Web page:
Electric carts will soon ferry people around downtown Lakeland during weekday lunchtimes and weekend evenings. A one-year pilot project that starts July 4 has a goal of moving visitors and employees from parking and offices to restaurants, bars and shopping.
The new shuttle service to be called The Squeeze was approved Tuesday by the Citrus Connection’s board of directors. Six years in the making, the program is a collaboration between Citrus Connection and Lakeland Downtown Development Authority.
“It’s a fresh approach to transportation,” says Tom Phillips, executive director of Citrus Connection.
Phillips says The Squeeze will open up new options for people who not only work and visit downtown Lakeland, but who live there, too. “If The Squeeze touches their residential and links them to downtown, that’s a no-brainer.”
Funding for the project is coming from federal COVID stimulus funds aimed at helping businesses rebuild after the past year, Phillips said, adding that driving patrons helps to drive business. “This is government helping small businesses, which is the backbone,” he says.
The carts are an alternative to buses and come with a much lower price sticker: $20,000 per cart, compared with $500,000 per 40-foot bus.
“There’s not the frequency” with buses, says Julie Townsend, executive director of Lakeland Downtown Development Authority. “And you’re not going to park and wait for a bus. This is more of a circulator. This is more about convenience. Five minutes matters when you’re on a lunch hour. We’re trying to take away confusion and make it easier, provide certainty (in terms of frequency of stops).”
Phillips plans to start with two electric vehicles. Availability will determine whether they will be able to buy six- or eight-passenger vehicles. Until routes are drawn out, it’s too early to know how long passengers might have to wait for a ride.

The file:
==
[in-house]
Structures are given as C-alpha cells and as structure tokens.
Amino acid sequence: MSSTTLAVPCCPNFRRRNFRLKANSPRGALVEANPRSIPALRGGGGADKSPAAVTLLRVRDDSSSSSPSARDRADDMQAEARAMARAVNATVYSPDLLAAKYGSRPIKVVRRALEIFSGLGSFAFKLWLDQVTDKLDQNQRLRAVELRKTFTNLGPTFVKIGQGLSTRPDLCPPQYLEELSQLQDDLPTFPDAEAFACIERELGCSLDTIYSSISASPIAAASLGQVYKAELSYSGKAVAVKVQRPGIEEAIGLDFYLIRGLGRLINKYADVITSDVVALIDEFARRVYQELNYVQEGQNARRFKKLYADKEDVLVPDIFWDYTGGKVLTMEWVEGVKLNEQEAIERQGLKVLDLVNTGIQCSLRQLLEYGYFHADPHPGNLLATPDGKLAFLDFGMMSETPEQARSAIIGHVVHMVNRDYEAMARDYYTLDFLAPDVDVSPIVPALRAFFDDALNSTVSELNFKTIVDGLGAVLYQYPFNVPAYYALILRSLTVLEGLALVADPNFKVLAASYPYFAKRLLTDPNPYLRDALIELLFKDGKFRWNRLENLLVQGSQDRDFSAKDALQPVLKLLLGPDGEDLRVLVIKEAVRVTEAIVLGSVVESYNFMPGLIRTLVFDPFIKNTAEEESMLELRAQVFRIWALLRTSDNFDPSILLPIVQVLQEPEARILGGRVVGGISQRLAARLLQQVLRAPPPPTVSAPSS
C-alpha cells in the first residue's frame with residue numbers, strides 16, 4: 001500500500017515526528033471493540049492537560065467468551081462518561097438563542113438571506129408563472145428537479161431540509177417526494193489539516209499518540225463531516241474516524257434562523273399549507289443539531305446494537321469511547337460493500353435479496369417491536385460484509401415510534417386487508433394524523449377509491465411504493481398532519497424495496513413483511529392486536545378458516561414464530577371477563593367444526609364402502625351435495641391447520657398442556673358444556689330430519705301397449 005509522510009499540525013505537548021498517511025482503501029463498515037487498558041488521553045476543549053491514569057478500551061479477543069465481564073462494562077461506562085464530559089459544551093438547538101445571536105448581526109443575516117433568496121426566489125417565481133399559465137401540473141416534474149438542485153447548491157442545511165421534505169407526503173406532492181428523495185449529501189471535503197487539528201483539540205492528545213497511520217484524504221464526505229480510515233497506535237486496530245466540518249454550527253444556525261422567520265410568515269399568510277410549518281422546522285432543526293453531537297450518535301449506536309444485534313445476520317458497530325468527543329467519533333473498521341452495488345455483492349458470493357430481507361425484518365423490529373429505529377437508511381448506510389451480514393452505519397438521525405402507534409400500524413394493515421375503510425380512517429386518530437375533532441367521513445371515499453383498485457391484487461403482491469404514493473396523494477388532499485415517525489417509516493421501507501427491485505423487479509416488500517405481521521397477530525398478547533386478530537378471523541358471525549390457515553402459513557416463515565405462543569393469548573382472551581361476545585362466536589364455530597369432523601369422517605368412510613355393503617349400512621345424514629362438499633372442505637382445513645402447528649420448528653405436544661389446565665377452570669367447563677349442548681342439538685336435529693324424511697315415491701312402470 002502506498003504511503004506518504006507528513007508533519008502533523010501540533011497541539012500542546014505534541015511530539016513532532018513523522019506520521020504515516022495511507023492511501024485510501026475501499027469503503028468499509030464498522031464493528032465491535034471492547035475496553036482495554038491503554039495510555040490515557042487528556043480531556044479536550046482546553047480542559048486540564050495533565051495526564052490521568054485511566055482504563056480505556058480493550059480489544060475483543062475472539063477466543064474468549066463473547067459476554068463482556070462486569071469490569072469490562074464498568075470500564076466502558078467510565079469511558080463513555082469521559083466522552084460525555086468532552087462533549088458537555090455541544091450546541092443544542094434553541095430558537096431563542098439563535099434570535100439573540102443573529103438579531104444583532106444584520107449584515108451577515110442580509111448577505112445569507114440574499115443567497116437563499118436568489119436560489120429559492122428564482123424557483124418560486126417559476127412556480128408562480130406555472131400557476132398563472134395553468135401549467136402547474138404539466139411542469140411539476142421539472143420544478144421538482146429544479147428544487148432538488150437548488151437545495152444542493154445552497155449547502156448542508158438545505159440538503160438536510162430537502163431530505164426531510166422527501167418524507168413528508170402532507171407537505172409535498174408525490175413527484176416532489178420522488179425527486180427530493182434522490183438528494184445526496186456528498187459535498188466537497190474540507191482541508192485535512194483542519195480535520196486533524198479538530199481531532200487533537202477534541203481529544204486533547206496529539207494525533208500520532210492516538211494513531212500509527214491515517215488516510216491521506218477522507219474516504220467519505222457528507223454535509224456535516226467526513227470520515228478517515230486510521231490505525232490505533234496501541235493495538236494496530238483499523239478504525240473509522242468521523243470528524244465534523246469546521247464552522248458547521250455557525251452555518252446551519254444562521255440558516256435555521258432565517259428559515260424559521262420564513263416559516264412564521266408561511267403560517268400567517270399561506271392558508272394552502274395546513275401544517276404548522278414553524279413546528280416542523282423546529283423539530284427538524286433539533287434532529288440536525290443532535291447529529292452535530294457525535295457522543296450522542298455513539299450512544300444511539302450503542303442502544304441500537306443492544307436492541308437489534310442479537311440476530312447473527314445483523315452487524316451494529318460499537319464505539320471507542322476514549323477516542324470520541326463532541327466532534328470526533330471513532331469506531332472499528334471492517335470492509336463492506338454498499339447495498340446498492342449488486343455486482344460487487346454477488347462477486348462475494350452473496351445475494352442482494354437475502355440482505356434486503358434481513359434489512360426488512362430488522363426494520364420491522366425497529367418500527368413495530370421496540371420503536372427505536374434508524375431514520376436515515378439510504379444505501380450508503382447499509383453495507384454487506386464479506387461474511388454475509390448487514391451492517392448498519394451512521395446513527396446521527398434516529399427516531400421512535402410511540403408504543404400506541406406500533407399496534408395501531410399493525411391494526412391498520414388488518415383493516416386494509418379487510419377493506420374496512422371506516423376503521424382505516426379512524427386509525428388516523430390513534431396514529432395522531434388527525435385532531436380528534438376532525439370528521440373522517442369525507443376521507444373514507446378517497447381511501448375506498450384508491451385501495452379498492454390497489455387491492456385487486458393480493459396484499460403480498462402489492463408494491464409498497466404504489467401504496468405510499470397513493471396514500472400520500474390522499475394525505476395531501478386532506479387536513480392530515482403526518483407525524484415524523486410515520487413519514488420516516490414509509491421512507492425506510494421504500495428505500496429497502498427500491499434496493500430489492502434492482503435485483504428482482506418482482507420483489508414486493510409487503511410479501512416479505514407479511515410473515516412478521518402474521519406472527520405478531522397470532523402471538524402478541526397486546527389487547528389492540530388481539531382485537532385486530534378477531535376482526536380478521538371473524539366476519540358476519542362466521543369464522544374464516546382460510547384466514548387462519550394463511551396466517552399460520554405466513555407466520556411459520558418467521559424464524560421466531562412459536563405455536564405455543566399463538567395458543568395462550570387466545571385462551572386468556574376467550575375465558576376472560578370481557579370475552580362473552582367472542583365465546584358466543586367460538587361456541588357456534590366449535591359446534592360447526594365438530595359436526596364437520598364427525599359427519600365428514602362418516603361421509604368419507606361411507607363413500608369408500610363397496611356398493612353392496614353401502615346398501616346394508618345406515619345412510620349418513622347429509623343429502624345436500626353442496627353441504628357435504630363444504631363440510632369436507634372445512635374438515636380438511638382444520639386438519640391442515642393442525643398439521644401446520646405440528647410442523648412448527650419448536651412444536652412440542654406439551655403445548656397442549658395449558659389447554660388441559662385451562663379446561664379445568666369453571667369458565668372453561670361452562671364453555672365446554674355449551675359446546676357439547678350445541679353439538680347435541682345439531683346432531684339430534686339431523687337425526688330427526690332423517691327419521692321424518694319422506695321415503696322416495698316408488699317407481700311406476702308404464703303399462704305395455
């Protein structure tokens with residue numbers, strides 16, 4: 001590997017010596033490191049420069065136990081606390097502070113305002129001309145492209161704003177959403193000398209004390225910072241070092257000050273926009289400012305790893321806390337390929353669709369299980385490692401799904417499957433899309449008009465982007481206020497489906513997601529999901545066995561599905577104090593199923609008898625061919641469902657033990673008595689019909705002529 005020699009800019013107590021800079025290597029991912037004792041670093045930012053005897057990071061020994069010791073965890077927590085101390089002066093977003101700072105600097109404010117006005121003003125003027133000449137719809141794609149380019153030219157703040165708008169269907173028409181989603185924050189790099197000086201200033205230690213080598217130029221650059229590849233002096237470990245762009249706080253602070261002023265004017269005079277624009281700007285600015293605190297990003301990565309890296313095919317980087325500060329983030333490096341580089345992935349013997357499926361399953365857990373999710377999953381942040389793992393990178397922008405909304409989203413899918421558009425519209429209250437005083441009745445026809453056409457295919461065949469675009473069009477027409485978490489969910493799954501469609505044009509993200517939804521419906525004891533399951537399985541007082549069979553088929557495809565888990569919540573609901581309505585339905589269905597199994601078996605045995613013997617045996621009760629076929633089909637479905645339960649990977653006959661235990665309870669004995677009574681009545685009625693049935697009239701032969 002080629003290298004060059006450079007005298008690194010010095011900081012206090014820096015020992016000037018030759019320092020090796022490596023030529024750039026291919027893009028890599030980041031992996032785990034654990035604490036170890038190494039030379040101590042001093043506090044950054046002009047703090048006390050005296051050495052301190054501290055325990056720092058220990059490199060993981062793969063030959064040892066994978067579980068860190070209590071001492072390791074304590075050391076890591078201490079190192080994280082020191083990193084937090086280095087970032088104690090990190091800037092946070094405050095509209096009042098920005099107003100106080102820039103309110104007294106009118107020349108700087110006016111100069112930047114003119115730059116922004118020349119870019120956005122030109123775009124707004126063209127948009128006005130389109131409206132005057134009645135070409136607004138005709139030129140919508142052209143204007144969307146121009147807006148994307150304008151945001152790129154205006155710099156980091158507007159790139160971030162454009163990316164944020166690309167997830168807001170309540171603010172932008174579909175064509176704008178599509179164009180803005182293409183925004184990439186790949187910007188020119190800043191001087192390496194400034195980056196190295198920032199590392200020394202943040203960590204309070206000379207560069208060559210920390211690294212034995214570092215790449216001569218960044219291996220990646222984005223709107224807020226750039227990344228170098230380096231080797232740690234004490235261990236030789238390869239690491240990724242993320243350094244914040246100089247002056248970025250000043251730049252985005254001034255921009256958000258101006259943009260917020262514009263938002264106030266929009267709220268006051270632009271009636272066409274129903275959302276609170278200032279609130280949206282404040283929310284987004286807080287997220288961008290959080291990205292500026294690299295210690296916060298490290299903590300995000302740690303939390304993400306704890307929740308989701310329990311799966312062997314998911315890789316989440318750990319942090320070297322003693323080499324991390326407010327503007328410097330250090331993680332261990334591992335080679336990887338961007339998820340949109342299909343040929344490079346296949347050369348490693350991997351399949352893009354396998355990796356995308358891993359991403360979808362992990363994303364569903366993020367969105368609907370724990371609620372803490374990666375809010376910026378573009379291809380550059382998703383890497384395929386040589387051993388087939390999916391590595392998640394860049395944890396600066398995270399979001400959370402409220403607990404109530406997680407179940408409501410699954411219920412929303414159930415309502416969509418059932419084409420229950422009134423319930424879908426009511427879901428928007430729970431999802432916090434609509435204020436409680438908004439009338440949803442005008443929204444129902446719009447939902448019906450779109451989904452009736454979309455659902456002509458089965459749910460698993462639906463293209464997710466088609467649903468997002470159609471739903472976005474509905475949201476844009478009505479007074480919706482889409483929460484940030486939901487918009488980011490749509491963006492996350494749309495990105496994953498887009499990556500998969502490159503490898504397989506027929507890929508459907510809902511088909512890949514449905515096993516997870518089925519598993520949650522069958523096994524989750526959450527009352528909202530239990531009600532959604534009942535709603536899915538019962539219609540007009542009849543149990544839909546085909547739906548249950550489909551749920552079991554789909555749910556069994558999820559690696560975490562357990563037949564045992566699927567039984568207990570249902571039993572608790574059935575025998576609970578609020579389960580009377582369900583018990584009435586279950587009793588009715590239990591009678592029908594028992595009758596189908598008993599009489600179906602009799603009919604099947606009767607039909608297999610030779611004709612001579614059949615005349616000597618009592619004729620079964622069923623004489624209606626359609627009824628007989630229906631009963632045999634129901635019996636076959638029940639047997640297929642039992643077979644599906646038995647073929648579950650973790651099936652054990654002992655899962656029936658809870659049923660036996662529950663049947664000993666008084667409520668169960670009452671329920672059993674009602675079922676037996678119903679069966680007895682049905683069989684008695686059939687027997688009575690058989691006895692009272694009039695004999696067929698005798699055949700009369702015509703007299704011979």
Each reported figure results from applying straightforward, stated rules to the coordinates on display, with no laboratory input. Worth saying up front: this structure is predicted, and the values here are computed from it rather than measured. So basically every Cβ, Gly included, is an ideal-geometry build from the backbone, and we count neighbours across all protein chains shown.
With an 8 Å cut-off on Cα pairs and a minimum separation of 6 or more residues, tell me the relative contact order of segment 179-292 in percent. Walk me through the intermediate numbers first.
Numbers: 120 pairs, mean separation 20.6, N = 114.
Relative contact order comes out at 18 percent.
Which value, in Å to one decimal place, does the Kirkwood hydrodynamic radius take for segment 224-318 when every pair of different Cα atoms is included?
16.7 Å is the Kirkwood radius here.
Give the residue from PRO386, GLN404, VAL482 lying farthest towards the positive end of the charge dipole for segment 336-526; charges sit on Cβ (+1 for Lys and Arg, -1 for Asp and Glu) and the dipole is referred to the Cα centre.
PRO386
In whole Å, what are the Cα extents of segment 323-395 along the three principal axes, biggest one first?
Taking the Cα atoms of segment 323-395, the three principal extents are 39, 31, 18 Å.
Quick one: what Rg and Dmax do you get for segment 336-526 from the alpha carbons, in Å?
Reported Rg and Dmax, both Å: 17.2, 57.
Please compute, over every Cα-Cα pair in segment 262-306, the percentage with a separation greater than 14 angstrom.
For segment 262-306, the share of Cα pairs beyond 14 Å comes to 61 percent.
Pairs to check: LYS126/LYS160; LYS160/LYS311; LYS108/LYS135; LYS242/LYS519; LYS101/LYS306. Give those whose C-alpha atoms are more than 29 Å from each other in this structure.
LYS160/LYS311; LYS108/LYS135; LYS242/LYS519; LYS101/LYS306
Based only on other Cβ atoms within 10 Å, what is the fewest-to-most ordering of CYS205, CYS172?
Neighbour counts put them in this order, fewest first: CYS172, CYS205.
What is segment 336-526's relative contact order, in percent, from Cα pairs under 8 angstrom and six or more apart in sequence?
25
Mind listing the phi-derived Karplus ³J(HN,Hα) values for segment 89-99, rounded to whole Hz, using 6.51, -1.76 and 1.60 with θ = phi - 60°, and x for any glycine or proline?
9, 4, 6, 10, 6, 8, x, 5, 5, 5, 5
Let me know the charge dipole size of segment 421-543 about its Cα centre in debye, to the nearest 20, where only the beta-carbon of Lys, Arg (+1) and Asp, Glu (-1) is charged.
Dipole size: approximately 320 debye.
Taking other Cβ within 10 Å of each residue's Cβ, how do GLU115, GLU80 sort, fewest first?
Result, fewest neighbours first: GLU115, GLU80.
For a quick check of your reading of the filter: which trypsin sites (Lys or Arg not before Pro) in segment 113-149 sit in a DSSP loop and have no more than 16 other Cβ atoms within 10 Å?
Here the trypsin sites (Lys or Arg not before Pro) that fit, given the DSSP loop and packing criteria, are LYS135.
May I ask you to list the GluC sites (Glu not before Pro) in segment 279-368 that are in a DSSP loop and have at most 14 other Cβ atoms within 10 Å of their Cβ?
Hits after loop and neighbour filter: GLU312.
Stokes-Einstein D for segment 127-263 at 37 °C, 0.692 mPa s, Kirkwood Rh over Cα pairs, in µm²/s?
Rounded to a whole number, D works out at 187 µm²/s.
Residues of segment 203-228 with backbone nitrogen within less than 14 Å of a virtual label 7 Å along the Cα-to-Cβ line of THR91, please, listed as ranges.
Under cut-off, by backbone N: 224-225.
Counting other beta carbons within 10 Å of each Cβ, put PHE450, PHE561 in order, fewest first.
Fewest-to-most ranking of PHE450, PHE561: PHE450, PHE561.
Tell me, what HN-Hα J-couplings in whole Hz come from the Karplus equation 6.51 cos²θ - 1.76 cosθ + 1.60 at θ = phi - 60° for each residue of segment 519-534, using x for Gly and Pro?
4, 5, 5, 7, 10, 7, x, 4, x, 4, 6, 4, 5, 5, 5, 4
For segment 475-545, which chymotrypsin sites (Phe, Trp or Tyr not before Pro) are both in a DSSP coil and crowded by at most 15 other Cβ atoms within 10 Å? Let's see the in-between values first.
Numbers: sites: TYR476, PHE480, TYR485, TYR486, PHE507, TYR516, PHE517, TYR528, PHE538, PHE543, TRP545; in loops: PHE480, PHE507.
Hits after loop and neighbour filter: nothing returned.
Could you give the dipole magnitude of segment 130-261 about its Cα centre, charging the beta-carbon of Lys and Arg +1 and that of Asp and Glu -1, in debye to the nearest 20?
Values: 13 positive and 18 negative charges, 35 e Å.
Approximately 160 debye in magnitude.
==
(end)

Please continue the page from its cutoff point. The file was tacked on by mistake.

The concept builds on the success of the Peach Line, which uses mini buses to service the Dixieland neighborhood.
Eighty-seven percent of Citrus Connection riders do not have access to a personal vehicle, Phillips says. “I want 80% of the people who use The Squeeze to be choice users. We’ve been focused only on transit-dependent for 40 years. Lakeland is past ready for choice-based transit. Get out of your car and use it.”
While the LDDA and Citrus Connection are currently working on the route, Phillips sees Munn Park as the central starting point.
“Munn Park is the sun,” he says. “It’s the middle of the solar system for this project. The further out we get from Munn Park, the less frequent the stops will be.”
Plans are to use existing designated loading and commercial zones within the downtown area.
“We’re not going to pick locations based on individual businesses,” Townsend says. “We’re looking at the 15-min loading zones, the commercial loading zones that are already designated. We want to make sure we’re picking locations that service the largest numbers of people.”
Riders will be able to purchase tickets – probably $3 for a week pass (the lowest price point planned) or $9 for a month pass, Phillips says – via a cashless mobile ticketing app. They can then access the free myStop mobile app (Apple, Google), which is GPS enabled, to see in real time where the cart is and how many seats are available. There will also be QR codes at each stop and on the carts. And masks will be strictly enforced.
Two drivers will be hired. “These are livable wage jobs, with full health care coverage” Phillips says. “These will be new jobs coming to Lakeland.”
Although the funding was approved for a one-year trial run, Phillips hopes to see expansion in a few years. His vision includes two more lines running in concentric rings where riders can transfer from cart to cart, connecting the three distinct areas of downtown Lakeland.
“Any time you can offer the public and customers choices for their transportation needs in an urban environment, it just provides people that piece of mind that they’re going to be able to eat and shop in a timely manner,” Townsend says.